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SLU Team Wins NEH Grant to Revamp Critical Humanities Software

Saint Louis University researchers Patrick Cuba, Bryan Haberberger, and Atria Larson, Ph.D., have been awarded a Level III Digital Humanities Advancement Grant from the National Endowment for the Humanities (NEH). The roughly $450,000 grant will support the reinvigoration of TPEN, a well-established and internationally utilized transcription program.

Screenshot of TPEN platform

A screenshot of the TPEN platform showing a Marginal Gloss transcription that the program generated from a 12th-century manuscript currently housed in Montpellier.


Former SLU medieval theology faculty member Jim Ginther first envisioned TPEN —which stands for Transcription for Paleographical and Editorial Notation — 10 years ago, and the program was built with funding from the Mellon Foundation and the NEH. The software package produces transcriptions from digital images of pages of manuscripts, mapping the text to the region on the image from which it was derived. For the past decade, this free-of-charge software has helped humanities scholars the world over to transcribe and export texts line-by-line for preparation of editions and publications of all manner of texts, in numerous languages.

For example, Larson, associate professor of Medieval Christianity and a SLU Research Institute Fellow, has made frequent use of TPEN in her Gallery of Glosses project, which won a NEH Digital Humanities Advancement Grant in August 2022. Larson and her colleagues have used TPEN to transcribe hundreds of glosses (or textual annotations) in medieval manuscripts. They then import the transcriptions into a bespoke platform, along with linked images from TPEN so that the transcribed text is always digitally encoded in connection with real images of the original medieval manuscript. According to Larson, Cuba and Haberberger have tirelessly sustained TPEN over the years. "For 10 years, digital humanities at SLU has been linked in many scholars' minds around the world with TPEN,” she said. “But the program has been in need of new investment of time and resources.”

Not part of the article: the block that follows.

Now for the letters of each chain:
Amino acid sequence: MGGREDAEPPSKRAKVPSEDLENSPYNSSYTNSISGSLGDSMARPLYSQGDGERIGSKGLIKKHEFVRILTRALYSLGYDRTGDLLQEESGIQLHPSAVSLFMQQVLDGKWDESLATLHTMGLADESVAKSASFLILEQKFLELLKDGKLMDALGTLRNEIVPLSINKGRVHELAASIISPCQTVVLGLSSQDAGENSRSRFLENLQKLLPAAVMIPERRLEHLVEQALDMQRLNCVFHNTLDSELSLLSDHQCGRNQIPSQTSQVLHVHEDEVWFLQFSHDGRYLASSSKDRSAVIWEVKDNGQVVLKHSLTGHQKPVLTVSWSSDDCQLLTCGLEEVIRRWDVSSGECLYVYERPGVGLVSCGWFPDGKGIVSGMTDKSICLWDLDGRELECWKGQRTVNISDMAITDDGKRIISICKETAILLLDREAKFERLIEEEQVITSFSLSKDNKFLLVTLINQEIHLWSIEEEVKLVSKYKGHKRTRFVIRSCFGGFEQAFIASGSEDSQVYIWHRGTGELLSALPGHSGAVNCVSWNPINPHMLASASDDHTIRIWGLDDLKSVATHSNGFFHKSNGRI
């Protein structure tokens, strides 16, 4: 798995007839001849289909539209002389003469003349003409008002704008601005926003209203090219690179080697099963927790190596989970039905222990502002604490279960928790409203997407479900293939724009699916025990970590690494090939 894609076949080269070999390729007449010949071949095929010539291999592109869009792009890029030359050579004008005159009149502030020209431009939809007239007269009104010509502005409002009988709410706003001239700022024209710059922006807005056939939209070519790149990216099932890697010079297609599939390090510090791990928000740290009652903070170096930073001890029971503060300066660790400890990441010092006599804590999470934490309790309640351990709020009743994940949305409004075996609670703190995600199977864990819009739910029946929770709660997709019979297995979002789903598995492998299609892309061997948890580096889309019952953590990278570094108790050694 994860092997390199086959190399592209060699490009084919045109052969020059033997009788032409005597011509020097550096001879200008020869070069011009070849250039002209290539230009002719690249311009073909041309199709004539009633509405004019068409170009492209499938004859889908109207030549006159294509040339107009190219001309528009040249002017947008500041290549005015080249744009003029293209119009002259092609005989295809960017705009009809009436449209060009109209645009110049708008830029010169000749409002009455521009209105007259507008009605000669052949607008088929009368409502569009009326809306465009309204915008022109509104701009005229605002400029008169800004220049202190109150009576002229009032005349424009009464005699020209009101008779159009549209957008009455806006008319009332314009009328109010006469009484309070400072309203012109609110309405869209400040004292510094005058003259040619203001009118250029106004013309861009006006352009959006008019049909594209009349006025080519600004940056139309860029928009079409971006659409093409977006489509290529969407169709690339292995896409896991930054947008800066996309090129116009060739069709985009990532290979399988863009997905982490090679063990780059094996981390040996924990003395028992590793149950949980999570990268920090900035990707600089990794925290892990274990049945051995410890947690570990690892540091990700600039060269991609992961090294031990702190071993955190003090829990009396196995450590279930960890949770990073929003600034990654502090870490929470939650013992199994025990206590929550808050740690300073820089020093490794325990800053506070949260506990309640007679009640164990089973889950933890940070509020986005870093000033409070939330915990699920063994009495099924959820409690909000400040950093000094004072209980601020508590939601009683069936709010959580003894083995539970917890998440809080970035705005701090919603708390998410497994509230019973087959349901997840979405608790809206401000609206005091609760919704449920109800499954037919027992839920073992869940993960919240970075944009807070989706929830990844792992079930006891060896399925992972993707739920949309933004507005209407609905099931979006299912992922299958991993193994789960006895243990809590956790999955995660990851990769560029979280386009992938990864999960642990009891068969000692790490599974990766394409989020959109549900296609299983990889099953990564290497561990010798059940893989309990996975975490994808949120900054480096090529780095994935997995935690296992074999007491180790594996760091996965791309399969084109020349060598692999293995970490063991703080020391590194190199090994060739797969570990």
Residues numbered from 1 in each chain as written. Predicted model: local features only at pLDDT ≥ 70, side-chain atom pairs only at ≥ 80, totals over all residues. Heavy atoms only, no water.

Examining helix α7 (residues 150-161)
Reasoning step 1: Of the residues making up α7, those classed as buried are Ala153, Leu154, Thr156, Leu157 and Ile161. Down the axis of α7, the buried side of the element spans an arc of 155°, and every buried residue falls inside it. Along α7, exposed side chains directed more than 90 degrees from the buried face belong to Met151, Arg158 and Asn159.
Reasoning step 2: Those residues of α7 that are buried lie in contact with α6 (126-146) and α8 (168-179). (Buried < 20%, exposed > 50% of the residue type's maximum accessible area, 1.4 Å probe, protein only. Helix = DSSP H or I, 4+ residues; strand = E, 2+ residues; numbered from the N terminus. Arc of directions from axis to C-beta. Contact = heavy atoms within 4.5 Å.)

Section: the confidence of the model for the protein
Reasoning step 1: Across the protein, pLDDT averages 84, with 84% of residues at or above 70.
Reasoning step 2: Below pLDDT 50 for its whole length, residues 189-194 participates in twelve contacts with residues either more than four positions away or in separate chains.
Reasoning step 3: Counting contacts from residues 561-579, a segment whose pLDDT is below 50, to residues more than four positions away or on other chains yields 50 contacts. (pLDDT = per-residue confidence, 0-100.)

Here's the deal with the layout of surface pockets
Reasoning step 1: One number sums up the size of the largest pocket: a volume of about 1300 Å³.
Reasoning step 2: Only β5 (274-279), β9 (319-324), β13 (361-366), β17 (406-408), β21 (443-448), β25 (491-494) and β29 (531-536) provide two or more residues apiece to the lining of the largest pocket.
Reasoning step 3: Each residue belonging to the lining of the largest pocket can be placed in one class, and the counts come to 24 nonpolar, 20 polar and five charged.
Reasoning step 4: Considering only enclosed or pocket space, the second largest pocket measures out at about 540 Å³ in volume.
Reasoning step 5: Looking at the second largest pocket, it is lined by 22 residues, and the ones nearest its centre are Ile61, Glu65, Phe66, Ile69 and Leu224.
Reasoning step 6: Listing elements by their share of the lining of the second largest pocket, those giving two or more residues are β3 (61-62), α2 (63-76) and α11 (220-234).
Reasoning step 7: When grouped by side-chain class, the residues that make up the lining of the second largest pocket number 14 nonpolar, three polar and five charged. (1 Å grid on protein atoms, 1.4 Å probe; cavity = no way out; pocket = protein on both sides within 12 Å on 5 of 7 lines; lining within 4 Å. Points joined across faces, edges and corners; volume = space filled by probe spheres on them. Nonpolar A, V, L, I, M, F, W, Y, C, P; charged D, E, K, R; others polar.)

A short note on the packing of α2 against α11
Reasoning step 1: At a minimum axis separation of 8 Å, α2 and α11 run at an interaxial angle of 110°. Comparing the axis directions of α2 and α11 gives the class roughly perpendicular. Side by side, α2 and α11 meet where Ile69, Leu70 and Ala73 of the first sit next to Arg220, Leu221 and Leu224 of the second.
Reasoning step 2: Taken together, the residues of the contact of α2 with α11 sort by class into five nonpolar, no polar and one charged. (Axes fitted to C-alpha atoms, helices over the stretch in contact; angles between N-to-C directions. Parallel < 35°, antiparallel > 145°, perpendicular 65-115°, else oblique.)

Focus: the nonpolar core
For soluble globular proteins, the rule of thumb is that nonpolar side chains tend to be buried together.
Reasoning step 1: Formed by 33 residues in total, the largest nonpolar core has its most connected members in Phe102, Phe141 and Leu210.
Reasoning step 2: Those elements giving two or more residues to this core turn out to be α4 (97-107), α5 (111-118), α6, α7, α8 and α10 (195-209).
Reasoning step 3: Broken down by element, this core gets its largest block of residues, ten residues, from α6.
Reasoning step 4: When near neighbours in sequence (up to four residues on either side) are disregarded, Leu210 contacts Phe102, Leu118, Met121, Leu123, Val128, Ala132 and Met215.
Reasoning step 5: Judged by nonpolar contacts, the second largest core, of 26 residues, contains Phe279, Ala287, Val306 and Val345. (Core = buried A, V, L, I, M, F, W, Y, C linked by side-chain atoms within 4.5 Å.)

Larson added that she and her team wrote the proposal for the NEH grant hoping that the organization would recognize the need to redesign TPEN, bringing it up-to-date for contemporary web standards and adding new features that humanities scholars have wanted to see become a reality for some time, and that NEH would see the potential for her, Cuba and Haberberger to accomplish that goal.

“We are delighted that the NEH did recognize the potential, and we are also grateful to the Research Institute for support in the form of matching funds,” she said. “As for me, I am honored to play a small role in SLU's continued research strength in Digital Humanities and Medieval and Renaissance Studies and to partner with Patrick and Bryan in this renewed endeavor."

Cuba and Haberberger, members of SLU's Research Computing Group, will perform the technical work of updating TPEN, coordinating with Larson, who will oversee use-cases with a variety of text, images, and diagrams in manuscripts.

The grant won by Larson, Cuba, and Haberberger is one of dozens awarded by the NEH today.

“It is my great pleasure to announce NEH grant awards to support 260 exemplary humanities projects undertaken by scholars, higher education institutions, and organizations of every size,” said NEH Chair Shelly C. Lowe (Navajo). “This funding will help preserve and expand access to community histories, strengthen the ability of small museums and archives to serve the public, and provide resources and educational opportunities for students to engage with history, literature, languages, and cultures.”